by Trinh Nguyen-Phan
The concept of an “ecosystem” has been increasingly adopted in data management, innovation, and business strategy. Yet, more often it is used metaphorically without a specific reference to the literature. As Socrates (470 – 399 B.C.) put it, “The beginning of wisdom is the definition of terms.” This is especially relevant to the ToIP Ecosystems Foundry Working Group (EFWG) because our very name is based on this term. So the EFWG has been working for over a year to deliver a white paper called Defining Digital Trust Ecosystems (PDF). The first version of this white paper has now been approved by the ToIP Steering Committee and we are pleased to announce its official release.
The white paper draws on the characteristics of natural ecosystems and human economies to propose a concrete definition of digital trust ecosystems. It also discusses the characteristics of digital trust ecosystems, the challenges of sustaining digital trust ecosystems, and the role of the ToIP Foundation.
Given that multiple disciplines use the term “ecosystem” with an implied reference to its biological root, the EFWG asked a biodiversity scientist, Dr. Autumn Watkinson, to introduce us to ecology as a discipline. Based on her talk, we saw many parallels to the work we do in the EFWG. Surveying the literature in biology, psychology, business strategy, and data management, we discovered interesting convergences and divergences of the concept of “ecosystems” in biology and other disciplines. Interconnectedness and competition are the two most referenced characteristics of natural ecosystems in other disciplines; whereas resilience, diversity, and the sustainability mechanism of natural ecosystems are by and large dismissed. This might be caused by the lack of understanding of what natural ecosystems entail, as the renowned forester and writer Wohlleben said in ‘The Hidden Life of Trees: What They Feel, How They Communicate’:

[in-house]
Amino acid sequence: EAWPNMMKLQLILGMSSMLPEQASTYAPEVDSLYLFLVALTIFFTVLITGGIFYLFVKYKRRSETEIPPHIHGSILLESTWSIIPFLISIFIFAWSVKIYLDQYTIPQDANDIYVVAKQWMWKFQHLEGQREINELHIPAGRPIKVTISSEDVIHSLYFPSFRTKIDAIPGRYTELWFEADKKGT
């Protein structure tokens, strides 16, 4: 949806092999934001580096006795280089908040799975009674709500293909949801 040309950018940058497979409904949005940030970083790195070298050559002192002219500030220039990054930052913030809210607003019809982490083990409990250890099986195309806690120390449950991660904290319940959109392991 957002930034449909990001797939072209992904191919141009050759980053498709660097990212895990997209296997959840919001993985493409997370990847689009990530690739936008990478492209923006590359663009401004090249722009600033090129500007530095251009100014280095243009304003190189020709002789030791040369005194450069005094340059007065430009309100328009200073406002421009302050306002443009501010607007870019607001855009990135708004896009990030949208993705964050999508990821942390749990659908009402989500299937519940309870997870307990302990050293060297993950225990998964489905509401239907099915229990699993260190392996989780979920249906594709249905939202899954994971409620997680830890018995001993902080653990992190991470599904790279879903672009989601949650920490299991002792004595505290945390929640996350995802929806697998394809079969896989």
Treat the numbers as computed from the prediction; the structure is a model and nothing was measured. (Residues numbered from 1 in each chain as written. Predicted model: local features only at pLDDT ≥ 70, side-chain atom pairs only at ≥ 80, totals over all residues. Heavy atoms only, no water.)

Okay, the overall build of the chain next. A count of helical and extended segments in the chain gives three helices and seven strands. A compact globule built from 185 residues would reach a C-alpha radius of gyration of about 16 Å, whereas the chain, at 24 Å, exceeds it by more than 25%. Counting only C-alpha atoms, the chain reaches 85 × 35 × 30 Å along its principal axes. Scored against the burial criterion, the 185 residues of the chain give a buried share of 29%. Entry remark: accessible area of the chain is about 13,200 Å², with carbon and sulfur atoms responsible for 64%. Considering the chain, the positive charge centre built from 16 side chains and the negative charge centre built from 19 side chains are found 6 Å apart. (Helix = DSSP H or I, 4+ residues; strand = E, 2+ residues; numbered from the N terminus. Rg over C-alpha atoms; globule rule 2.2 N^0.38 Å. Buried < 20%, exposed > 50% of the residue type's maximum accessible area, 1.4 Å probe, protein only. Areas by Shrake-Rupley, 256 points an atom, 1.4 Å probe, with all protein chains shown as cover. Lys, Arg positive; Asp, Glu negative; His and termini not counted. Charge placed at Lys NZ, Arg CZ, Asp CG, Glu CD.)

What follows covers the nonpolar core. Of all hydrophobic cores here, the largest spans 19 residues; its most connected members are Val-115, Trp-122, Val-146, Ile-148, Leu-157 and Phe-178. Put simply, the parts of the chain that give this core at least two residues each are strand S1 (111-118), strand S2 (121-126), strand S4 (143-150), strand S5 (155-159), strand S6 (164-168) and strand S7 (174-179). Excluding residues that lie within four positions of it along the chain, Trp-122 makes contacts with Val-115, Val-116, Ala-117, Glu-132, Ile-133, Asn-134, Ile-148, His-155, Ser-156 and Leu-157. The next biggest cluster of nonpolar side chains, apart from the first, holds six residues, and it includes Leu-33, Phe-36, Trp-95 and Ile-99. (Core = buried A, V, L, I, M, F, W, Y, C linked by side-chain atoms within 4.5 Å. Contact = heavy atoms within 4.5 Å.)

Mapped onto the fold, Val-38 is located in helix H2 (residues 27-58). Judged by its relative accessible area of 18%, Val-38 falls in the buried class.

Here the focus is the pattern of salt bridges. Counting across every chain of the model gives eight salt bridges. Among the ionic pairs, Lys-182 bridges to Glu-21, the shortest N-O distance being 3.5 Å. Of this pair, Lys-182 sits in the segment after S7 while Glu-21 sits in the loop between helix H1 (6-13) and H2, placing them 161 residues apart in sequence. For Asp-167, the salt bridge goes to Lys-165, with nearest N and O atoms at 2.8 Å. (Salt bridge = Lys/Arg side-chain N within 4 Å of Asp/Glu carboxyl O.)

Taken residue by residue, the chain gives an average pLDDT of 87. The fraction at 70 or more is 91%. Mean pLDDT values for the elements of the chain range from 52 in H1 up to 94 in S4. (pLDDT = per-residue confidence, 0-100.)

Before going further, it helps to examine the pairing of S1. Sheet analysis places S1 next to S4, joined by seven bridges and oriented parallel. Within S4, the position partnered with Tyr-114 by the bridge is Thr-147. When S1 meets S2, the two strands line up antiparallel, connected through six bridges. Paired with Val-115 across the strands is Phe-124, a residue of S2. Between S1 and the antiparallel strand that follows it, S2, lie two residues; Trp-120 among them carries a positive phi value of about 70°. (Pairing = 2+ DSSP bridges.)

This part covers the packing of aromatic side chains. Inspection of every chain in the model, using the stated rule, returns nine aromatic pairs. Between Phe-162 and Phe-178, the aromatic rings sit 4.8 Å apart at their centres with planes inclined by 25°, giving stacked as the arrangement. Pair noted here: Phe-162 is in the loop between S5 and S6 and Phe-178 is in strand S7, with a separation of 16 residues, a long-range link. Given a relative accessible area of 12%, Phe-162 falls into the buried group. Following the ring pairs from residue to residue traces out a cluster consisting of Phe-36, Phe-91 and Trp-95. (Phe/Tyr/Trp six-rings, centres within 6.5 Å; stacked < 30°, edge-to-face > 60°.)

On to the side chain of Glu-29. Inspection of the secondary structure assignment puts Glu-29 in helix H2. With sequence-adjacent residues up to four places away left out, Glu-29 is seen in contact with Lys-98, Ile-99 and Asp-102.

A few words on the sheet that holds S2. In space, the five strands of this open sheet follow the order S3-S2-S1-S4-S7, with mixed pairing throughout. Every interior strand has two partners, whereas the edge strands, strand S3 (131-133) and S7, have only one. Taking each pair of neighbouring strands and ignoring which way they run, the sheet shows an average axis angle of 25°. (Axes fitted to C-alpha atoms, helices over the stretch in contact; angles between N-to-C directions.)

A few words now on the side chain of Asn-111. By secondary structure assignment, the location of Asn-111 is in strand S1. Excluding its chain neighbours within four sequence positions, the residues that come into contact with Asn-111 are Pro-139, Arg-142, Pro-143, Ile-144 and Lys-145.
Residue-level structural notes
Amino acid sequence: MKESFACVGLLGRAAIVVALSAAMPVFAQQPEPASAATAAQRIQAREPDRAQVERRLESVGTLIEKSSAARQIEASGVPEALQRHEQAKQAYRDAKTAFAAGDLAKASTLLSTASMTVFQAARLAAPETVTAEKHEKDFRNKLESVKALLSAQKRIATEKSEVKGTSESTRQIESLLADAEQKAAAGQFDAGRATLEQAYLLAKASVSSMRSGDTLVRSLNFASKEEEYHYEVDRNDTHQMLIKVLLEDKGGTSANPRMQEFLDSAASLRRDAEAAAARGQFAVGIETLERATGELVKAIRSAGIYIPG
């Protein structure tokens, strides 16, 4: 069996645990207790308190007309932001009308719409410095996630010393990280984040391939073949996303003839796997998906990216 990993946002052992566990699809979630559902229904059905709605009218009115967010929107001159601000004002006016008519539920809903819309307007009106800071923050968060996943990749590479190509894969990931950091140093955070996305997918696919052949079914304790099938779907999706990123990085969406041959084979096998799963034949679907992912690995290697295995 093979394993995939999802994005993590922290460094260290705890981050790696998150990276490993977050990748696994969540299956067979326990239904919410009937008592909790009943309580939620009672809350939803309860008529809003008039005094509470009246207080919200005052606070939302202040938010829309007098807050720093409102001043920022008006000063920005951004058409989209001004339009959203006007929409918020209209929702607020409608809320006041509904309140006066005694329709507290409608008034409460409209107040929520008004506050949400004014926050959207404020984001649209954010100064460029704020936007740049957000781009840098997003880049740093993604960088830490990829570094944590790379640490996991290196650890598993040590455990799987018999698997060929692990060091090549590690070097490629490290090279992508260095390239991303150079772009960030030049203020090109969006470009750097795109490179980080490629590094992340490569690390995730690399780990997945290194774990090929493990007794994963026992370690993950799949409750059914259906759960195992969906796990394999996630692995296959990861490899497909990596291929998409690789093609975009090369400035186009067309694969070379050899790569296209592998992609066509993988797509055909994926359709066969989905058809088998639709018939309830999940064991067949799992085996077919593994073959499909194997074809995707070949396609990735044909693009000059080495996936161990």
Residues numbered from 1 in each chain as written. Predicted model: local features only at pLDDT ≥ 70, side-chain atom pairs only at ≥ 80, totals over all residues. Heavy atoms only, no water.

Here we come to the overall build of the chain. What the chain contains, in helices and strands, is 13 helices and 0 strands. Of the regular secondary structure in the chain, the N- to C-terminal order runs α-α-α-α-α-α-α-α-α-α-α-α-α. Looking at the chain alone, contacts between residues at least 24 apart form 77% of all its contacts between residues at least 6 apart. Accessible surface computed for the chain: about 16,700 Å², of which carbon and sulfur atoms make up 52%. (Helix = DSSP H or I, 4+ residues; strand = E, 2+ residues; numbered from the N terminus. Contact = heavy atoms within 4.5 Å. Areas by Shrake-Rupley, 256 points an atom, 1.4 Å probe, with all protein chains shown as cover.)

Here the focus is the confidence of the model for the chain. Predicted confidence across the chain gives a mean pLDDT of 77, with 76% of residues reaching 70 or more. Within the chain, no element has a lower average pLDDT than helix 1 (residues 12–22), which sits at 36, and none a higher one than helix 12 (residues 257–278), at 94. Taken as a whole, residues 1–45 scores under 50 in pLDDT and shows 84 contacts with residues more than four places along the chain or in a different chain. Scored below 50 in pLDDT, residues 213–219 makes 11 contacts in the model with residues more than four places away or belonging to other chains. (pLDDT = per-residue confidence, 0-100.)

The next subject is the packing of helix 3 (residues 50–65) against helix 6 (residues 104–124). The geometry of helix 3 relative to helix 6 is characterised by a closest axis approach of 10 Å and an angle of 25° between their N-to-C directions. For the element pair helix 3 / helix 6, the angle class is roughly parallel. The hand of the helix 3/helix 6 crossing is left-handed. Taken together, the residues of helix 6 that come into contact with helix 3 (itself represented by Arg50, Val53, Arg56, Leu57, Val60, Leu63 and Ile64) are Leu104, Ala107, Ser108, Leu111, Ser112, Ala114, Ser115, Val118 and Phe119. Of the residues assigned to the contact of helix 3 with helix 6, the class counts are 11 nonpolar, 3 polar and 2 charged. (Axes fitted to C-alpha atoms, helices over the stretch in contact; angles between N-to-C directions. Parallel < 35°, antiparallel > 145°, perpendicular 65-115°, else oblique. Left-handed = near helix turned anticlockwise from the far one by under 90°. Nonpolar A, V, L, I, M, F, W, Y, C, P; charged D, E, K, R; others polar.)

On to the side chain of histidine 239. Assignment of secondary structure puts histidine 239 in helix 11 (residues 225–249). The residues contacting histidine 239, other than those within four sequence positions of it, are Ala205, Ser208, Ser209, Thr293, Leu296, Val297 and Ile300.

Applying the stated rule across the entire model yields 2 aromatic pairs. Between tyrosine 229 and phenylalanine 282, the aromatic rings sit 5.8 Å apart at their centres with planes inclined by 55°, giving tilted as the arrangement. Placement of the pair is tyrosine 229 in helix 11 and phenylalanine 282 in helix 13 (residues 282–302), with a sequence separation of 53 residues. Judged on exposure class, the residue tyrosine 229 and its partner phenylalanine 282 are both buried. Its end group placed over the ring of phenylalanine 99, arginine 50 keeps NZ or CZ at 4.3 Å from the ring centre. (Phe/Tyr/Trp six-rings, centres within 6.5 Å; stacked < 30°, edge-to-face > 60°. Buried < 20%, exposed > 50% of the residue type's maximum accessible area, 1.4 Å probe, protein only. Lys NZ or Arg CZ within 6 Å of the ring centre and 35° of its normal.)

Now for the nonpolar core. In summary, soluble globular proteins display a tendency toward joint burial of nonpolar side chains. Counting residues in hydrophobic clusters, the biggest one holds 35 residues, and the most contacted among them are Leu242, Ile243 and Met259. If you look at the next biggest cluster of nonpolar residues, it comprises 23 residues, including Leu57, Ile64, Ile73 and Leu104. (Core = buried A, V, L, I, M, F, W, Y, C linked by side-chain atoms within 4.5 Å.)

“The forest ecosystem is held in a delicate balance. Every being has its niche and its function, which contribute to the well-being of all. Nature is often described like that, or something along those lines; however, that is, unfortunately, false.”
– (Wohlleben, 2015, p. 113)
We suggested three lessons from nature:
- First, ecosystems must optimize the diversity of its membership.
- Second, ecosystems survive and thrive without clear-cut boundaries and no ecosystem is completely independent of others.
- Third, and most importantly, Digital Trust Ecosystems must have a built-in mechanism to counteract overexploitation.
As the Trust Over IP Foundation aspires to foster decentralized digital trust, these three lessons are particularly pertinent to support, facilitate, and sustain digital trust ecosystems. This applies not just within one ecosystem, but between different digital trust ecosystems. We believe that this work is fundamental to further work on designing ecosystems governance frameworks. We invite you to read the white paper, join the discussion of digital trust ecosystems, and examine the applications of these concepts to your related work.
Photo: Robynne Hu on Unsplash